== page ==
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TBR Weekly Top 10 — Sept. 25

September 25, 2015 — Herb Chambers for Sale?  CFPB Admits Problems; Will Carmakers Kill Uber? Salesman Confidential; Top Trends; WV Catches VW; UAW Vote Not a Slam Dunk; Honda Civic.

The TBR Weekly Top 10 is our list of what we believe are the week’s must-read stories from various sources on the web. The stories that are thought-provoking, informative and provide different perspectives. Let us know what you think…

  1. Will Carmakers be the Death of Uber?  — from BostInno. Many analysts think Uber may put a hurting on automakers in the future. What if it were the other way around?
  2. CFPB Admits Problems With its Methodology — from F&I Showroom Magazine. American Banker obtains more emails and documents revealing the CFPB knows it has problems with its methods for determining whether racial bias occurred in auto lending practices.
  3. Herb Chambers For Sale? — from Bloomberg Business. Boston mega dealer sends a message to buyers, “At some point, I absolutely would sell.”
  4. Dealers Selling More, But Costs Also Rising — from Industry Week. Article highlights a report on automotive retailing from Center for Automotive Research.
  5. Five Top Automotive Trends — from Think Adviser. Intriguing look at top trends in the automotive space from the Frankfurt Auto Show.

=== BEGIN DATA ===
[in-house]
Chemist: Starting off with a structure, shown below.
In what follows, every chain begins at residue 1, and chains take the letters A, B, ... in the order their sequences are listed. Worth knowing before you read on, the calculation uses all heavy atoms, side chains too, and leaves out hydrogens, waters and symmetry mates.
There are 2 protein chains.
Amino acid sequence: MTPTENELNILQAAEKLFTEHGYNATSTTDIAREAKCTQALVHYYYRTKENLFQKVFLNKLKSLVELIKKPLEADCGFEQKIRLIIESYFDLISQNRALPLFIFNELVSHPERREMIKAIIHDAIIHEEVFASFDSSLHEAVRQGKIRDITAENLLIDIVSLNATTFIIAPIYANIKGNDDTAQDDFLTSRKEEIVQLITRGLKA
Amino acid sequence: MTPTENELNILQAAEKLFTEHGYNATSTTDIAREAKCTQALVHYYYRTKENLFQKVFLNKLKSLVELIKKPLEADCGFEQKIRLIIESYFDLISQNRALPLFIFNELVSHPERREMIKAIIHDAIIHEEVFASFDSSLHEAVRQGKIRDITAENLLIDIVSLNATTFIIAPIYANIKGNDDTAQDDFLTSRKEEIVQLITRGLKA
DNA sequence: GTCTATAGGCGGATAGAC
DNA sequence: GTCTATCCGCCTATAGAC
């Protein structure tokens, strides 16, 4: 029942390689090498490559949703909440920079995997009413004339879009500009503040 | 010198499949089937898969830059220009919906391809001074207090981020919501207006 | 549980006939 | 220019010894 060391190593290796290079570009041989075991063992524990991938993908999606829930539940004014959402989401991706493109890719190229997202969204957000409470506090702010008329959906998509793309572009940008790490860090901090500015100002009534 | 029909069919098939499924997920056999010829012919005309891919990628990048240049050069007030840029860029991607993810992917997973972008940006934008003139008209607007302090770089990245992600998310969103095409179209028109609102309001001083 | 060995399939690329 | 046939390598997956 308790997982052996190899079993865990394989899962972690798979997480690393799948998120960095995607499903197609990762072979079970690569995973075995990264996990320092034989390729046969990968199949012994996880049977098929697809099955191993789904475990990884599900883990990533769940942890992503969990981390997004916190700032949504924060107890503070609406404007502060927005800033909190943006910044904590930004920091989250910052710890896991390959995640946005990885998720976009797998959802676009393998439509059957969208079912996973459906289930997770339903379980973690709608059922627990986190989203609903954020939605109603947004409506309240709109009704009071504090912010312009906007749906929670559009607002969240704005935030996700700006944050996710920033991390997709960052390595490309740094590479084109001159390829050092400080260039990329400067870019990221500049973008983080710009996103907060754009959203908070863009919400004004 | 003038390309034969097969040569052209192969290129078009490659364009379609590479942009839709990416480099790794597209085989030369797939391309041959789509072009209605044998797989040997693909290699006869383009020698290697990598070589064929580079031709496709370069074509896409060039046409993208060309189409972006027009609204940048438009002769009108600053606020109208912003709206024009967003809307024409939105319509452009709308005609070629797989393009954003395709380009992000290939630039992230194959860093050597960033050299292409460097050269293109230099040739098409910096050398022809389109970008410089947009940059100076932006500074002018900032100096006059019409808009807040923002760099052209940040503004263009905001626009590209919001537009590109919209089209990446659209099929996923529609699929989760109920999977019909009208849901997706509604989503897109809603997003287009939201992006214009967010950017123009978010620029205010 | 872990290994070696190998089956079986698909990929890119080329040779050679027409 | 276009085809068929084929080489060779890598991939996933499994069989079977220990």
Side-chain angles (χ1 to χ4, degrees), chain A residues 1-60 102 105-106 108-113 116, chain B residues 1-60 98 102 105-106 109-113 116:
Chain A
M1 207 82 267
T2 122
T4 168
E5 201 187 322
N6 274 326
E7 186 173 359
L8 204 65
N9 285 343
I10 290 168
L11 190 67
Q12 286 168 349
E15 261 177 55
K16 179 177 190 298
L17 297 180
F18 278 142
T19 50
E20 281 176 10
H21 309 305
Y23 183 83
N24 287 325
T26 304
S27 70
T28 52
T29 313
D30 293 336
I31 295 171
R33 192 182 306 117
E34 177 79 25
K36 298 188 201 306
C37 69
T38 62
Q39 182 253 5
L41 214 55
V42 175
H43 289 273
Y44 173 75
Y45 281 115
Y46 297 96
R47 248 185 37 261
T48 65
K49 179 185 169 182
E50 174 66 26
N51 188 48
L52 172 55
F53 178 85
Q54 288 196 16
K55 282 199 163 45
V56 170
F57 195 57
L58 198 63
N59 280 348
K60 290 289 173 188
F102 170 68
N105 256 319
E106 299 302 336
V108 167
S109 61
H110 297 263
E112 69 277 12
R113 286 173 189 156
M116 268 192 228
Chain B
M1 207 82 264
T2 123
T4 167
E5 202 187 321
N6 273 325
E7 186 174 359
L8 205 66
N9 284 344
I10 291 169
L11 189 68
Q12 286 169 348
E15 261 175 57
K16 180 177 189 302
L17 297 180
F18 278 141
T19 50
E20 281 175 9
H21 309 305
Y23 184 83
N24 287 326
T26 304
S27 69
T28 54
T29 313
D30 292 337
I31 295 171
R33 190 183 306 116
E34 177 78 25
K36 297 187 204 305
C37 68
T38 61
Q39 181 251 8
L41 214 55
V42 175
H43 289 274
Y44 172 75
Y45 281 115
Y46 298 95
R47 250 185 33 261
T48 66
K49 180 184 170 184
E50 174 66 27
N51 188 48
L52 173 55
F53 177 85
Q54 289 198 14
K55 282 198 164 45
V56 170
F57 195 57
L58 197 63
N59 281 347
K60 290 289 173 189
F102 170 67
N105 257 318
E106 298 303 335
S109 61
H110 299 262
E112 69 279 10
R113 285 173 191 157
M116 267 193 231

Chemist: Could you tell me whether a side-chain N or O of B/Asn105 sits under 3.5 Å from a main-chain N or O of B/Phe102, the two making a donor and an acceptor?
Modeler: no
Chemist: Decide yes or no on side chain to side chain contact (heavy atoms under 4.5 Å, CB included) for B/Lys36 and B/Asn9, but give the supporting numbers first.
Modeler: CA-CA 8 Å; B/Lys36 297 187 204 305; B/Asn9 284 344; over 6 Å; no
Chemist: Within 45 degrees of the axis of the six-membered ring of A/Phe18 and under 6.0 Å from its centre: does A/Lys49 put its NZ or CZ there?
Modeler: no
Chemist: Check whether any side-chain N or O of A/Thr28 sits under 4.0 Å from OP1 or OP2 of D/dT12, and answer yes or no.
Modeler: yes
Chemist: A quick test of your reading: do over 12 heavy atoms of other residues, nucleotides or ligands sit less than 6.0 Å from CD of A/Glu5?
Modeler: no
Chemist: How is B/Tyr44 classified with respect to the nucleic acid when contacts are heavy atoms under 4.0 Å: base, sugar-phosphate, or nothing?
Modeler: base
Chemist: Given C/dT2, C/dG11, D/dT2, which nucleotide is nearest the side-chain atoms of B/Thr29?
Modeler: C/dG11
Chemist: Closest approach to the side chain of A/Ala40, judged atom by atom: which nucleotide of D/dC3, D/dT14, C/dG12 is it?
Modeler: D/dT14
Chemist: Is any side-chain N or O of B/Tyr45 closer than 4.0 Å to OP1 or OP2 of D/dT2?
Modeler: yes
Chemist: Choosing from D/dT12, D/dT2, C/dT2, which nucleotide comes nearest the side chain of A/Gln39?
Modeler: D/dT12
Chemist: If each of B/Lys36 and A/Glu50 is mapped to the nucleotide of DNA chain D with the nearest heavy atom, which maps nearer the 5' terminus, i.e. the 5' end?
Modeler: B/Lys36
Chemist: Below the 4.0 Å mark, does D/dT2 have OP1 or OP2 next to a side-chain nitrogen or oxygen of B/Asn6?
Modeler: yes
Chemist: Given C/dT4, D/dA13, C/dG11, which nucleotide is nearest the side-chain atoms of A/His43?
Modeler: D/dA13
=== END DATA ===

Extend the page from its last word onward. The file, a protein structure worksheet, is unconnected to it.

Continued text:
6. Volkswagen’s Diesel Scandal Not All Bad — from Hybrid Cars. Article lays out how the recent emissions scandal could be good for automotive. At least, if you have a strong hybrid strategy.
  7. Car Salesman Confidential — from Motor Trend’s blog. A not so bad look at the life of a car salesman.
  8. UAW Vote on FCA Contract Faces Opposition — from the Detroit News. The vote is far from a sure thing as heavy voting is expected over the weekend — one of the driving issues, the continued existence of Tier Two wages.
  9. Can Honda Civic Reignite Honda Sales? — from the Motley Fool. Auto analyst likes the new Civic, but wonders if it’s enough.
  10. How a WV Group Caught VW in its Lie — from the Atlantic. A West Virginia University group of researchers may have changed automotive forever.

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